ai generated image of two biblical men arguing

Many years ago, a church leader gathered up the ministers within his area of responsibility and read to them the first chapter of First Corinthians. He emphasized the verse that says “brethren, I wish that you all would speak the same thing.”

This church leader then informed us what could and could not be taught within his sphere of influence. The issues he was dealing with that evening were not foundational doctrines, even within that denomination. However, in his words, “in other places they can do it other ways. Here were are going to do it this way.”

Then he added, “Are there any questions?”

It was a rhetorical statement. He didn’t expect any questions. In fact, he didn’t want any questions.

However, I raised my hand and said I had just a short question ‘to clarify things.’

“When you say that you wish that we all say the same thing, what I hear you saying is that you expect us all to say what you say. In other words, we are to learn what you believe on these matters and to come into agreement with them. Because we have not discussed and debated these issues enough to have reached any sort of real consensus. Have I misunderstood?”

His response was, “This meeting is over!”

Real unity, a unity that contains and unites difference, takes hard work. It is rarely achieved at all. When it is achieved, it is only for a season. But what great things occur from such a season!

I have never liked the symbolism of the unity candle in weddings, at least if the bride and groom snuff out their individual candles in the process. When unity is defined as conformity, one of the partners must necessarily disappear into the will of the other.

That is not a marriage. It’s a cult.

All human individuals carry God’s image and likeness. However, full personhood emerges only from an individual’s relationship with other persons within healthy community. ‘Persons’ are both individuated and communal. Neither radical individuals nor nonindividuated family fragment are therefore fully persons, at least according to Christian theology.

In the Bible, God evokes personhood by calling out the individual’s name. Abraham, Moses, Gideon, Isaiah, Mary, Saul of Tarsus are all called out from their social environment in which they had been enmeshed. They are called into a relationship with God and then called to form an altered relationship with other human individuals. Often, this calling involves a name change.

In the Christian perspective then, a ‘person’ is both individuated – knows how he or she differs from his or her community – and responsibly related to others. A Christian person, in other words, seeks both his or her individual good and the common good.
The neglect of one’s individual good in favor of the common good leads to a life of perpetual immaturity. The group’s beliefs, well-being, and reputation takes precedence over one’s own development and flourishing. Some groups define faithfulness in this way, as compliance and the loss of self.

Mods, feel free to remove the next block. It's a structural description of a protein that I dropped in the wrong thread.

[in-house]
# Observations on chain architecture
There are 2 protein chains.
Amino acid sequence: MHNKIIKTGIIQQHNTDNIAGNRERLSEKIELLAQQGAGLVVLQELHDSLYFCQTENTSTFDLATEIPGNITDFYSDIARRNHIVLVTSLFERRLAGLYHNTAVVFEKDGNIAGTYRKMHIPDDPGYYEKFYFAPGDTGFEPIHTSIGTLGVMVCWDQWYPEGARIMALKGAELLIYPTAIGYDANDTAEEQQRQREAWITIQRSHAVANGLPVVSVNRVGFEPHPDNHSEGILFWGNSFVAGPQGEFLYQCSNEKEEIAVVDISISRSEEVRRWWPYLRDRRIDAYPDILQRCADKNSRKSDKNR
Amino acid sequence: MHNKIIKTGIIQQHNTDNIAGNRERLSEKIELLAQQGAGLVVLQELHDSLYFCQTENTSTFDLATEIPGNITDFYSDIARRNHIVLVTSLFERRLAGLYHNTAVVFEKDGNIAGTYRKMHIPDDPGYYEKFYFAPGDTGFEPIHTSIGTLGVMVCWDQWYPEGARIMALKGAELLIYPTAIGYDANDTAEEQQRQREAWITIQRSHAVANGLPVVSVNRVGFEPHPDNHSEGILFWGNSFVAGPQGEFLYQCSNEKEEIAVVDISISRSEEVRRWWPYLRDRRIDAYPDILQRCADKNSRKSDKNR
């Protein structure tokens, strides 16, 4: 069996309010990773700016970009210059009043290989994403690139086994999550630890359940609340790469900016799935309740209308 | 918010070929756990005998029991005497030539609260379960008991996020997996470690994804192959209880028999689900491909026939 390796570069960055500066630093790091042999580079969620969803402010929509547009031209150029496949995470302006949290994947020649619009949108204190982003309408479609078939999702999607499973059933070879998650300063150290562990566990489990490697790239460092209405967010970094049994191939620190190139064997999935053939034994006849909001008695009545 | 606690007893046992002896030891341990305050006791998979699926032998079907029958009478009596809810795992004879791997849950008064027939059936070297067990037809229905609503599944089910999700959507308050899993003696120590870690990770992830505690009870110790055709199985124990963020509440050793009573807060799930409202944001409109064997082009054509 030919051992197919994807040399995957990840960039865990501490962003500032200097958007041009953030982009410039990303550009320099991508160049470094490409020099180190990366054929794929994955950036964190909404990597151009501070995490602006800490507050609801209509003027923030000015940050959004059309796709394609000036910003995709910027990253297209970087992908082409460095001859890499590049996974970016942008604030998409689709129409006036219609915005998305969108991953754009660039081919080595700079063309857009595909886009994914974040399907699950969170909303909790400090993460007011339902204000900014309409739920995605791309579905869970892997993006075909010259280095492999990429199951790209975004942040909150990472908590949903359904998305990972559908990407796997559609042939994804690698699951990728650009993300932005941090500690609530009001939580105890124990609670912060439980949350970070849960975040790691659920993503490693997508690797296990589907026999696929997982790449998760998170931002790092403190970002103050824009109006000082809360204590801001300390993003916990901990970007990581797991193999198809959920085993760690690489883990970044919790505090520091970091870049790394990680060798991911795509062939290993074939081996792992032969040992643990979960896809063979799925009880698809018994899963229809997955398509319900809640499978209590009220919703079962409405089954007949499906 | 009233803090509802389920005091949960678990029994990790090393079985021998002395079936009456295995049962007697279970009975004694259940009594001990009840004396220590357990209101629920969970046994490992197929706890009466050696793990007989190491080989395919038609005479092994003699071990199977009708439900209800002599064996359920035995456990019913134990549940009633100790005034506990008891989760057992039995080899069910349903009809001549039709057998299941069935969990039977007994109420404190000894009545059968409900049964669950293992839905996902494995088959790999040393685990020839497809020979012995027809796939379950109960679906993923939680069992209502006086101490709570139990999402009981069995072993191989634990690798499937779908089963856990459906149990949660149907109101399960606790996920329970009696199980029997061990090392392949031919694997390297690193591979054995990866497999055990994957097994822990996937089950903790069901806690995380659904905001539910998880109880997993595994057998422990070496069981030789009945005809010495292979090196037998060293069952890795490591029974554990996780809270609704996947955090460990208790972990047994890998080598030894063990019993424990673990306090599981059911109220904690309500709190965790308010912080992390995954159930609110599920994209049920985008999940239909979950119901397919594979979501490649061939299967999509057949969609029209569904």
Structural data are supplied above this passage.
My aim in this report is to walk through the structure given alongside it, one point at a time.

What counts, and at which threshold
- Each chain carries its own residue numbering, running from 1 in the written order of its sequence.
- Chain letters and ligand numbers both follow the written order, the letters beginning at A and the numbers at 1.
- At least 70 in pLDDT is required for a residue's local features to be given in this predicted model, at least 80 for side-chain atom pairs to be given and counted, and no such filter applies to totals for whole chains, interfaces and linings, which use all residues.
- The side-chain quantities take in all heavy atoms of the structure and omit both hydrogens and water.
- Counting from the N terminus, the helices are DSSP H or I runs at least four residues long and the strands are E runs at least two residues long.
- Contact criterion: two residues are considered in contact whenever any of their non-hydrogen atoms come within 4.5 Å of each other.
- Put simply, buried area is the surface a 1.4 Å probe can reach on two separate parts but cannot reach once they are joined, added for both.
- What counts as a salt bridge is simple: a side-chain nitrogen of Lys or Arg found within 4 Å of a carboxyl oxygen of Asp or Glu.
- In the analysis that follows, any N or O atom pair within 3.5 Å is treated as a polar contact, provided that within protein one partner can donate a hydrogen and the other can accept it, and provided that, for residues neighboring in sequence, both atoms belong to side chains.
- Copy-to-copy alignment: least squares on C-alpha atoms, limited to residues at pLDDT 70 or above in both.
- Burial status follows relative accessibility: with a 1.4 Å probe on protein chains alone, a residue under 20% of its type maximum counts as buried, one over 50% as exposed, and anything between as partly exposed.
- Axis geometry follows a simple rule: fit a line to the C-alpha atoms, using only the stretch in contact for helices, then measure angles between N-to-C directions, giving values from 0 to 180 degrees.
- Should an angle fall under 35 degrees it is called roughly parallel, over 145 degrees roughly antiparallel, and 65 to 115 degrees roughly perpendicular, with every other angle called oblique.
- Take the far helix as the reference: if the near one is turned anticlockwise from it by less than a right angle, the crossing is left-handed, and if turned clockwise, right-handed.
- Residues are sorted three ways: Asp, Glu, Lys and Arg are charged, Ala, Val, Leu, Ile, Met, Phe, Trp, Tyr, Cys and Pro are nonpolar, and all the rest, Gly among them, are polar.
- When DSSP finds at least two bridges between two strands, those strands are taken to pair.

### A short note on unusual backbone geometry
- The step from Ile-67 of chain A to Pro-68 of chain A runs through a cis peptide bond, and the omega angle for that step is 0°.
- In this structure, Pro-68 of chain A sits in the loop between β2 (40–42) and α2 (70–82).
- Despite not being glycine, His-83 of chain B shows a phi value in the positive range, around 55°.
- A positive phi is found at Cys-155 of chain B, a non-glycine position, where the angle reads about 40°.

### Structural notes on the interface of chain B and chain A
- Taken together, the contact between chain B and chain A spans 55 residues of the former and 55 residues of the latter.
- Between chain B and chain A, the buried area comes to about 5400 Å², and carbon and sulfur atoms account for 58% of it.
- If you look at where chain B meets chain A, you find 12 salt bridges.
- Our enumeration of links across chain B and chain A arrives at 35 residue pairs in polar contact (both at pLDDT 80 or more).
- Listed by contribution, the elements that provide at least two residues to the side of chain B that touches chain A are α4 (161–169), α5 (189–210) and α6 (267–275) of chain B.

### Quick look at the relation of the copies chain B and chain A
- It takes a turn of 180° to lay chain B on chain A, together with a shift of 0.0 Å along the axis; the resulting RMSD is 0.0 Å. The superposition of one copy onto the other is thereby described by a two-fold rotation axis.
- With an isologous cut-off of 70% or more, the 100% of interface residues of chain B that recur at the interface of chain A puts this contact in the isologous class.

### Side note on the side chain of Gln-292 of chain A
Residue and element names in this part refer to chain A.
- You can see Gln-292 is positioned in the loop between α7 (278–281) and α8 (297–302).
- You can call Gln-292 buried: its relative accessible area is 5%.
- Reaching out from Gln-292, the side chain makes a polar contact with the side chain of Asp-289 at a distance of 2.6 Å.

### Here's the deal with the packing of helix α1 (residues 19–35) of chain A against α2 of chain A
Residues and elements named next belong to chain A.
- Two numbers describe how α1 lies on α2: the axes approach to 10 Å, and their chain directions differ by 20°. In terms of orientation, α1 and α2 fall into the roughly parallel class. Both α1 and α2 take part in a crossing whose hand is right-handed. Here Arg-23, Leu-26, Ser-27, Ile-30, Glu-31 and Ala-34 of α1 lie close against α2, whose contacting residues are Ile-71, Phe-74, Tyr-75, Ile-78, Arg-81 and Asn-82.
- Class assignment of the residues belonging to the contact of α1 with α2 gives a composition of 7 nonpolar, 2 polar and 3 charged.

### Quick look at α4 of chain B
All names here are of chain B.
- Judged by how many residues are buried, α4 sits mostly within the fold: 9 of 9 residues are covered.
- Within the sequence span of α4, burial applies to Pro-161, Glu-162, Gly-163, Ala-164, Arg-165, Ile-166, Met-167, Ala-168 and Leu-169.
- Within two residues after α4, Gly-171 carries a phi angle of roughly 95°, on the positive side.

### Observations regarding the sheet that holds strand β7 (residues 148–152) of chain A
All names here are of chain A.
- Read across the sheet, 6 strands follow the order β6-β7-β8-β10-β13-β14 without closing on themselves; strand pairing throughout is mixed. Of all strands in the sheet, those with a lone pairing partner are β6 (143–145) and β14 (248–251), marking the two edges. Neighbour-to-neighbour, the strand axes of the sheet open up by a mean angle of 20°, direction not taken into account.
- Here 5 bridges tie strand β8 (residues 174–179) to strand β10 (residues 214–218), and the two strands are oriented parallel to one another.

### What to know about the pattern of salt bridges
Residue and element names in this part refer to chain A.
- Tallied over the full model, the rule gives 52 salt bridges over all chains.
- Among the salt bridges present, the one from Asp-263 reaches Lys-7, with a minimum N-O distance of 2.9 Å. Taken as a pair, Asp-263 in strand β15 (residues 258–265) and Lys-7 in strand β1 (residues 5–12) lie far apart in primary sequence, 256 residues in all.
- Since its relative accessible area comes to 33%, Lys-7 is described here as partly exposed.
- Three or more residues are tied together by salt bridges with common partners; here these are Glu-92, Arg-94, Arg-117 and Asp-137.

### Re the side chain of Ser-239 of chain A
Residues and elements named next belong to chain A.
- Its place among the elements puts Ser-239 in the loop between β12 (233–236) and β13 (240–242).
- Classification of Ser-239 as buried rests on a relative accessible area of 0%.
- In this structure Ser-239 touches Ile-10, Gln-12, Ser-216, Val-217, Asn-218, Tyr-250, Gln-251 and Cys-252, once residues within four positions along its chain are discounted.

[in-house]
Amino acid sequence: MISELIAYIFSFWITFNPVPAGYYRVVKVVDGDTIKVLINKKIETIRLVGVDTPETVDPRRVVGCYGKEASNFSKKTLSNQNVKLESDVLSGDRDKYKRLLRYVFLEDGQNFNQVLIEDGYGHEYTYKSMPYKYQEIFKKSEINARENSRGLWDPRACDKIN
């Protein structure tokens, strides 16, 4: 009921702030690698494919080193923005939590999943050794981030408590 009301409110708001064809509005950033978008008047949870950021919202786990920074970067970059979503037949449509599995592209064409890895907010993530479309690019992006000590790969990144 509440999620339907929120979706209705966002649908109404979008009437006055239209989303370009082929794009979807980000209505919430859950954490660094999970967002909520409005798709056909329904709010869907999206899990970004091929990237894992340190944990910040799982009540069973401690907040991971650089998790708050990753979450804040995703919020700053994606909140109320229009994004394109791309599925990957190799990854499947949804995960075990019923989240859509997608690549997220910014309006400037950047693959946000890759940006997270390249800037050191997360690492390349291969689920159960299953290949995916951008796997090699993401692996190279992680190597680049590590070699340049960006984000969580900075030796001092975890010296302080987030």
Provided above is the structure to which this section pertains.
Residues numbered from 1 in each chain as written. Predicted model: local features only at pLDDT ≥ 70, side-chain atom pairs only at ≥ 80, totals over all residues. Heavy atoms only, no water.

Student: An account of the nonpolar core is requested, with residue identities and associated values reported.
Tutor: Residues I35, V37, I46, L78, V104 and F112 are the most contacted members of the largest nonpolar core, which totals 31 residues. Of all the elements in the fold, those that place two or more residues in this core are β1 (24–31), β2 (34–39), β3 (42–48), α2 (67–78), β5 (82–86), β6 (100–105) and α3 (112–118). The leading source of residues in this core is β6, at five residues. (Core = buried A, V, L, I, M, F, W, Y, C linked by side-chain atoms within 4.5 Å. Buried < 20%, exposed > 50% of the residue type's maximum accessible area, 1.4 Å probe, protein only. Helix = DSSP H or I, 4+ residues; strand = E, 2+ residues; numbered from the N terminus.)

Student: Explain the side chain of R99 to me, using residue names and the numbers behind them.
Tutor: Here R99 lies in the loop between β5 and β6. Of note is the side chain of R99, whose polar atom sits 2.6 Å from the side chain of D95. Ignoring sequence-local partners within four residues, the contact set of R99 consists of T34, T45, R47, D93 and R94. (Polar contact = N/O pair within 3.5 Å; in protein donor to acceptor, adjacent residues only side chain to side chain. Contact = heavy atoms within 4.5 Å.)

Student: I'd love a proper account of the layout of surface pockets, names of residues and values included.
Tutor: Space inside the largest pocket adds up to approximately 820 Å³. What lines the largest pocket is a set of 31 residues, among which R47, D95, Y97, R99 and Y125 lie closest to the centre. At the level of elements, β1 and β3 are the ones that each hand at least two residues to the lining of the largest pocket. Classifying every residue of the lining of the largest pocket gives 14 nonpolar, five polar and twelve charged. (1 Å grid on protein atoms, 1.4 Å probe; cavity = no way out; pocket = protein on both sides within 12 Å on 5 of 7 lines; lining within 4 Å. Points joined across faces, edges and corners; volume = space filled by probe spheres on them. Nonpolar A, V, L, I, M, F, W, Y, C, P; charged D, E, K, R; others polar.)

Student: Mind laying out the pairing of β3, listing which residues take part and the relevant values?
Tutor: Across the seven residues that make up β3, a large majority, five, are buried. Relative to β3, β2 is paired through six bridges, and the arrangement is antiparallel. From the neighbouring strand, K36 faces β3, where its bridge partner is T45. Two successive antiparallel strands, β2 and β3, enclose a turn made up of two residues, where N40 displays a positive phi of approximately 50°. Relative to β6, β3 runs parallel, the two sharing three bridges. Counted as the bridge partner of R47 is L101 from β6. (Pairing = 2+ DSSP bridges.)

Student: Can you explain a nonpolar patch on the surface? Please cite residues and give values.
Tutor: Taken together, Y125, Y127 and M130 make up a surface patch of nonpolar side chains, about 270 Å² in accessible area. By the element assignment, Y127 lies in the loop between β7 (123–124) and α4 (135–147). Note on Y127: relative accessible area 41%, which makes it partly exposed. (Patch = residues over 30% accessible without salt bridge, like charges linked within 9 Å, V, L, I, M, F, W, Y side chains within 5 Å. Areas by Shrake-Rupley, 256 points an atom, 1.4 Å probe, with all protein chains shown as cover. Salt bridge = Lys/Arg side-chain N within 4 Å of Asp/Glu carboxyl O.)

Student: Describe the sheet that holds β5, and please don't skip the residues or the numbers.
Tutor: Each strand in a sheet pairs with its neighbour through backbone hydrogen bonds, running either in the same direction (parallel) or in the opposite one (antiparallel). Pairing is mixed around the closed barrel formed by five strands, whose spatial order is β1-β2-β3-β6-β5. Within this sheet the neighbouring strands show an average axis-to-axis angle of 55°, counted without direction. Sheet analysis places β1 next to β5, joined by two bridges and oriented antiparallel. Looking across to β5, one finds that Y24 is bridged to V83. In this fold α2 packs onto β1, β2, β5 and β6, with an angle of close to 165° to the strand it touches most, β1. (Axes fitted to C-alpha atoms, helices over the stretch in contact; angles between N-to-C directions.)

The neglect of the community’s common good in favor of one’s perceived individual good, on the other hand, leads to narcissism and abuse. Some groups define leadership in this way, as willful dominance over others. In such cases, the community exists as an extension of the leader. Followers do not individuate.

In St. John’s Gospel, chapter 15, Jesus says to his disciples that he will no longer call them his servants, but rather “his friends.” He clearly did not view discipleship as brainwashing or utter, unquestioned compliance.

Likewise, the Old Testament heroes were praised not for their servile compliance, but their outspoken struggles with God and faith. Abraham, Moses, and Job became God’s friends because they wrestled with what they perceived as God’s unjust actions. They submitted, but not without speaking up. Indeed, Job’s comforters, all pious and upright individuals, criticized Job for questioning God.

When God had His say, he rebuked these mindless automatons and praised Job.

Relationship, even with God, requires difference as well as unity. Unlike some religions, Judaism and Christianity do not aim at the gradual elimination of the individual. Instead, when these religions are healthy, they encourage individuals to become increasingly distinguished from one another even as they grow in relationship with others.

Autocracy is a type of unity that eliminates difference. For a season, there is more peace in a realm ruled by an autocrat. The cost, however, is the elimination of true personhood. Individuals become steadily less educated, as well as more prone to violence on behalf of the autocrat. Debate ceases. Slogans replace ideas. The population begins to celebrate its own dumbing down.

In religion, this transforms ignorance into a form of piety, which leads to persecution of dissenters.

What a marvelous faith, in which a human being can say to God, “Will not the judge of the entire earth do what is right?”

And in which God can say, “Come, let us reason together. You are no longer my servants, but my friends.”

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